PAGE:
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Maryland Man Fatally Injured by Quarry Machinery

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A man has died after being trapped in a rock-crushing machine in a Maryland quarry, officials have announced. His name has not been released.

“He was somehow entangled on the conveyor belt of the machine that he was operating and succumbed to his injuries,” Prince George’s County Bureau Chief Tracee Wilkins told NBC Washington.

The accident site is located in the 5400 block of Kirby Road in Prince George’s County.

The incident occurred around 10 a.m. on April 27, and the victim was pronounced dead soon after, fire officials said, but the remains could not be extricated until photos were taken and the scene was investigated. It appears that the man was wearing a harness that somehow became entangled in the crushing machine.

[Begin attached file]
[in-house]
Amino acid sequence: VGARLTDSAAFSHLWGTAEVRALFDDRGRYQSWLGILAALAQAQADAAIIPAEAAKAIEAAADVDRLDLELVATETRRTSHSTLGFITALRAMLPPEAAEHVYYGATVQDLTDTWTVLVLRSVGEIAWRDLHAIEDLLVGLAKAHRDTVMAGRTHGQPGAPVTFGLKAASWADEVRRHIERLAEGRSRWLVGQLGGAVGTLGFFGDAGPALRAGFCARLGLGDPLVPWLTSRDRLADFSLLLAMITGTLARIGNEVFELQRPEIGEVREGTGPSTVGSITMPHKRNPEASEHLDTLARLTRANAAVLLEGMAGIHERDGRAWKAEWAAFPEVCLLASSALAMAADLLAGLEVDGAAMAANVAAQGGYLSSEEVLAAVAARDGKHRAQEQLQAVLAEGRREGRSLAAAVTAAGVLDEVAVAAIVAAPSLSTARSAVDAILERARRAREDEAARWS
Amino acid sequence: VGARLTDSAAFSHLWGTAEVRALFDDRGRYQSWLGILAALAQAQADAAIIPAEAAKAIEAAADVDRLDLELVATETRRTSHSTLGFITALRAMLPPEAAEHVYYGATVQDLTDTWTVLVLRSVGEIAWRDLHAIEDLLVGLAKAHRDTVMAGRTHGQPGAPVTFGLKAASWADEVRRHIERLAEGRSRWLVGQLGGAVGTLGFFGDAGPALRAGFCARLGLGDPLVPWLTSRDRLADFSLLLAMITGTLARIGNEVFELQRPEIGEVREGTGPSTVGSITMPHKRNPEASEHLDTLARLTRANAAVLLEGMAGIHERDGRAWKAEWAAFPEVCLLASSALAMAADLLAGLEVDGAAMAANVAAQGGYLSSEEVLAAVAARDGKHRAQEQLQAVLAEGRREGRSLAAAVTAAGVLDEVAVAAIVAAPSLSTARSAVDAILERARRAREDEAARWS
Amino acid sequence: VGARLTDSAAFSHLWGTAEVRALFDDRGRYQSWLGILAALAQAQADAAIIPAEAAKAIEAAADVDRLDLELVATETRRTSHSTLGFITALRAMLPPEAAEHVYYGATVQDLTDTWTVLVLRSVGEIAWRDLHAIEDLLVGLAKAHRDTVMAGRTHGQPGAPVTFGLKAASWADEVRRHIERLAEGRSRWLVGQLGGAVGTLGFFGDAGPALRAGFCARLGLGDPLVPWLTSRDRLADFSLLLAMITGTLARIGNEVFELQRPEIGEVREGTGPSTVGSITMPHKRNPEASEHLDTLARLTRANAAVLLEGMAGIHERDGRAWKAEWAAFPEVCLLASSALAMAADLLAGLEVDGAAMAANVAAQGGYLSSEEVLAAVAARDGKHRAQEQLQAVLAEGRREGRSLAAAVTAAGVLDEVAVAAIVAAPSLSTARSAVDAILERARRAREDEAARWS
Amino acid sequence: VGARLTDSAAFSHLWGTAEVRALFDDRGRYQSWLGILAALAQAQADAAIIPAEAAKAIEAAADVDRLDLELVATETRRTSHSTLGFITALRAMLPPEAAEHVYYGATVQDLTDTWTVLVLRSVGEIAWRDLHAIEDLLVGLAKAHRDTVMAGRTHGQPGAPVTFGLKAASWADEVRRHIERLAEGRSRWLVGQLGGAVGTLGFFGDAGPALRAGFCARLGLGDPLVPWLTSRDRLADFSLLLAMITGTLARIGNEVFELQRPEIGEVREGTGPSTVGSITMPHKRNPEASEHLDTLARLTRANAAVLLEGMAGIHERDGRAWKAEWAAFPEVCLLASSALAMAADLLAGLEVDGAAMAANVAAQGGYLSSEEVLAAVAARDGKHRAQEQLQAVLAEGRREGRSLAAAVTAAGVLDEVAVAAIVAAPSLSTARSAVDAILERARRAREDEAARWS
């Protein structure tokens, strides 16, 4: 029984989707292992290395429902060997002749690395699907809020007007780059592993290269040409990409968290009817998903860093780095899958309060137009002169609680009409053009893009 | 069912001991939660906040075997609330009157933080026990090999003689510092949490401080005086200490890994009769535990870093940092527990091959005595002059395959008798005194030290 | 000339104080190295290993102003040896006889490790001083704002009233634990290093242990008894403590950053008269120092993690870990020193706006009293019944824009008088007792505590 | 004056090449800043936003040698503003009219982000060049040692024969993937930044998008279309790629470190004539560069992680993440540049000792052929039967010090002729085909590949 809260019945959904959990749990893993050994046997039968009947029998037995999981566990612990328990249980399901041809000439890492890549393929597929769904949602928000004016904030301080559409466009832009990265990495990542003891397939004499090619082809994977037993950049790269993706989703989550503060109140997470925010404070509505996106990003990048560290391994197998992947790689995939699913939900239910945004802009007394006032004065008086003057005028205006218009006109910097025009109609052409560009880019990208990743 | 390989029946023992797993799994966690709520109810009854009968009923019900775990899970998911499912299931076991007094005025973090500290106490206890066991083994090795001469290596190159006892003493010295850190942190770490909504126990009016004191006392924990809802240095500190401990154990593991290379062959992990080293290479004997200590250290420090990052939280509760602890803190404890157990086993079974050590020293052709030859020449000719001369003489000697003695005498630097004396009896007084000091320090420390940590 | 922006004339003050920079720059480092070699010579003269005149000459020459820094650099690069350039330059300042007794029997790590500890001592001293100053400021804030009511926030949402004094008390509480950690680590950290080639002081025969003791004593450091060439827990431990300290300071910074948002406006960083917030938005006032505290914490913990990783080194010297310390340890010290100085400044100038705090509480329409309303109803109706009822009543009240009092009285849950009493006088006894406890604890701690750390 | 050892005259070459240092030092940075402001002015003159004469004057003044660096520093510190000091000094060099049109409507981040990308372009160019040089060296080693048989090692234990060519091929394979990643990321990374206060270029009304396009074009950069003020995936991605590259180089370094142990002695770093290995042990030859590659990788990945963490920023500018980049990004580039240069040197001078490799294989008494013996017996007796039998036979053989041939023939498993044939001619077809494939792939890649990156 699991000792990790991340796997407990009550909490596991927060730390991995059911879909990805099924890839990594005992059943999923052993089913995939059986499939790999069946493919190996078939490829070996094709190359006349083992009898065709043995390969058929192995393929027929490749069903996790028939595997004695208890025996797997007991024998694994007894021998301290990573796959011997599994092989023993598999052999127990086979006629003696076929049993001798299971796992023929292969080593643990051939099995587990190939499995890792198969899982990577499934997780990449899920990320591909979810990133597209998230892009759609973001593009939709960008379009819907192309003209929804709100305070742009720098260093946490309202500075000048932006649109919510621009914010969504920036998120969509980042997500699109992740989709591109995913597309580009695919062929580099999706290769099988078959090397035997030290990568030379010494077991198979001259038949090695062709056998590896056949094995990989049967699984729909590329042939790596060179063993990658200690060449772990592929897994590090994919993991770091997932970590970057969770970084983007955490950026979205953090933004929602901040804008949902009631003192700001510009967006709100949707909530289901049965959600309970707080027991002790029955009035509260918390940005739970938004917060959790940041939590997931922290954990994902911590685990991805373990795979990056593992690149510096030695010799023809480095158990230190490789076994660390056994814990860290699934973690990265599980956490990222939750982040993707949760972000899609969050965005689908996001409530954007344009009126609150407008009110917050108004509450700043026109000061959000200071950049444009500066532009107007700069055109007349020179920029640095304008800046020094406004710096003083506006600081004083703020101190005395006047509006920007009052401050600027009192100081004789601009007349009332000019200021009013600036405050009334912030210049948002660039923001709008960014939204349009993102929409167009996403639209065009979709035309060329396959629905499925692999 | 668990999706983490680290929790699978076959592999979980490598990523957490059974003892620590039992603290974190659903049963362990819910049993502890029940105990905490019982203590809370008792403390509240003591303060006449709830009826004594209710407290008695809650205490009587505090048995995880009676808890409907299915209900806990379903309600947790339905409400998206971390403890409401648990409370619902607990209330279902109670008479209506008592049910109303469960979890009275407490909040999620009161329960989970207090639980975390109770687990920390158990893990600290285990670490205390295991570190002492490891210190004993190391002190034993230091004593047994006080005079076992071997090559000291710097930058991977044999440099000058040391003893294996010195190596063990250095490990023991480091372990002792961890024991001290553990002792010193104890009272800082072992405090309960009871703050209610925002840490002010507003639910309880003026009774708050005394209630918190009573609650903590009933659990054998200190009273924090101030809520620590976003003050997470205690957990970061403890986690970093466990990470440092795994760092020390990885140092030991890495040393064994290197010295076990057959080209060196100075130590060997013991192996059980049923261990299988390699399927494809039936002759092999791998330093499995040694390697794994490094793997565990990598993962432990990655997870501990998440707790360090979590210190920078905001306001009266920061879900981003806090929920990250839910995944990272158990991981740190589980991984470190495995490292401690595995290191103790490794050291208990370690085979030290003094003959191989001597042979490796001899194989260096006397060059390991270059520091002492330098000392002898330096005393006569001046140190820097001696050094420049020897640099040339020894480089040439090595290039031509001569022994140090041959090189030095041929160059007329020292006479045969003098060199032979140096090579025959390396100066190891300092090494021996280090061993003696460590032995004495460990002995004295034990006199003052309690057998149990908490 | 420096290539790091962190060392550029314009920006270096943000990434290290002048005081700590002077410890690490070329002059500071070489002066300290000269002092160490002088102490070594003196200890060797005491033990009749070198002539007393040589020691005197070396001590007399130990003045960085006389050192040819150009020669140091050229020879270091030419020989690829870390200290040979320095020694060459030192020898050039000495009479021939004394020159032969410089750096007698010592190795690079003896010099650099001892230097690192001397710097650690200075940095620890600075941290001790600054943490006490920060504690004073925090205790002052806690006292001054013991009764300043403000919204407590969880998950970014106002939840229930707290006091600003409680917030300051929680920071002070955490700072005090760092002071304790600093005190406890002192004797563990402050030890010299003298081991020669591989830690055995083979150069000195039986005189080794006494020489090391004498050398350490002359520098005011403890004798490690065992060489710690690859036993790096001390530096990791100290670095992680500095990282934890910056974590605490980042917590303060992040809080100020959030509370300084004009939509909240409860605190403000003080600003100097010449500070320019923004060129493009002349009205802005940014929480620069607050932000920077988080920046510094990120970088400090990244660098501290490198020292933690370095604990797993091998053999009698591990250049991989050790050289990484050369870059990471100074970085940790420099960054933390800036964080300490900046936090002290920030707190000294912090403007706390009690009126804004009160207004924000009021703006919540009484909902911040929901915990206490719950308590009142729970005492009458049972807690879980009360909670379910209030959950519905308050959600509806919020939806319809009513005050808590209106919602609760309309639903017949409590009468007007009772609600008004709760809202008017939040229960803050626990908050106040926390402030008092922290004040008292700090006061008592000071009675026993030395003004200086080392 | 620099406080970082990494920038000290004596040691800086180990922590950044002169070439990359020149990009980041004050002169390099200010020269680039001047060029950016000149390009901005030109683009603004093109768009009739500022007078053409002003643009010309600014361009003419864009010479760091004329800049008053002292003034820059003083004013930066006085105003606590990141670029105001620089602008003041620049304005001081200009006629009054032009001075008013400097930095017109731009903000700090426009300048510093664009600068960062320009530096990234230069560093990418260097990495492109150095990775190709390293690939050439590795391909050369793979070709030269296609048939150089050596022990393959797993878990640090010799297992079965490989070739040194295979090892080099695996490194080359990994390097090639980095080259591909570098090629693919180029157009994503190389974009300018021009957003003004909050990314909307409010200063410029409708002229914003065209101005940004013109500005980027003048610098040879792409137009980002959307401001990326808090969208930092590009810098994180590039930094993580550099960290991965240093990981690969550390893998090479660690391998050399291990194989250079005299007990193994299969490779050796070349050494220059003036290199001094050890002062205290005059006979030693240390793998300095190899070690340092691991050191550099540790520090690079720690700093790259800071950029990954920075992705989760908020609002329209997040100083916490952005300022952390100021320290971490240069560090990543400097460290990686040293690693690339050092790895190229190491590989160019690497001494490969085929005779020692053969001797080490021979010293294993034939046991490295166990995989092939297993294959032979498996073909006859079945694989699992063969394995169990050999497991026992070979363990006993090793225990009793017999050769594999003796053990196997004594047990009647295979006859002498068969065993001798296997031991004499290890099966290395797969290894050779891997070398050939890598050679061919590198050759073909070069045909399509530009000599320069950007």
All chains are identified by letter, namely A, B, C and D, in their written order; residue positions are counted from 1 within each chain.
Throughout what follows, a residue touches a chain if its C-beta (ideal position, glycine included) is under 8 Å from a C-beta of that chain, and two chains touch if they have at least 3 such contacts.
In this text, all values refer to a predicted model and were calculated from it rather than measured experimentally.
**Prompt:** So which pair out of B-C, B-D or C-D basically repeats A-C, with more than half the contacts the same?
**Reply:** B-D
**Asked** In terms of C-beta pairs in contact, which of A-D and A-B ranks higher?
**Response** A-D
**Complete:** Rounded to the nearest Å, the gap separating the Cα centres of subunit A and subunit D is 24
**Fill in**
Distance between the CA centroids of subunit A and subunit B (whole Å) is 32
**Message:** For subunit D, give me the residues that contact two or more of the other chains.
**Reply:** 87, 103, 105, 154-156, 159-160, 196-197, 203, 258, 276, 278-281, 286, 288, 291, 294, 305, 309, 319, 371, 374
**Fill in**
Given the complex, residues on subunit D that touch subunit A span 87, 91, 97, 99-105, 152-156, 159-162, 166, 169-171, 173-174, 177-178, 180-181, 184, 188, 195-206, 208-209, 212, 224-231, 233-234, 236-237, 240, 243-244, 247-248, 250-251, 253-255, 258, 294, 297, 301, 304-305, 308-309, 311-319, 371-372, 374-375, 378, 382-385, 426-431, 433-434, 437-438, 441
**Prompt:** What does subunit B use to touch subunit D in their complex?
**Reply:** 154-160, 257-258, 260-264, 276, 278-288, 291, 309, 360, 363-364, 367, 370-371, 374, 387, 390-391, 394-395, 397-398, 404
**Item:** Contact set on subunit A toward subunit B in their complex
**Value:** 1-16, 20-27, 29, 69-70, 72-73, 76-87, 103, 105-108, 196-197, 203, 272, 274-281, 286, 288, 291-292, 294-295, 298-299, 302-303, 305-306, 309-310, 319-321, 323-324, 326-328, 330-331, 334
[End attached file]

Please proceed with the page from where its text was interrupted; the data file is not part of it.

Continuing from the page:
Few details have been given, but Maryland Occupational Safety & Health Administration officials will be launching an investigation.

Workplace fatalities have been reduced across the country in general, according to OSHA data. In 2013 (the latest year for which the agency provides statistics) there were 4,585 workplace fatalities, the second-lowest total since the first fatal injury census was conducted in 1992; however, that still works out to more than 12 deaths per day. There were a total of 3,007,300 workplace injuries reported in 2013.

The Maryland tragedy isn’t the only workplace fatality that has made headlines in recent days, either.

Bumble Bee Foods and two of its managers were charged April 27 due to a 2012 incident in which a worker in its Santa Fe Springs, CA, plant was cooked along with 12,000 pounds of canned tuna in an industrial oven.

The company, as well as Operations Director Angel Rodriguez and then Safety Manager Saul Florez, were charged with three counts each of violating OSHA regulations. Rodriguez and Florez could face three years in prison and fines reaching $250,000 if they are convicted, according to prosecutors, and Bumble Bee Foods could be fined an amount up to $1.5 million.

Prosecutions regarding workplace safety violations are very uncommon, so it is likely to be a closely watched case.

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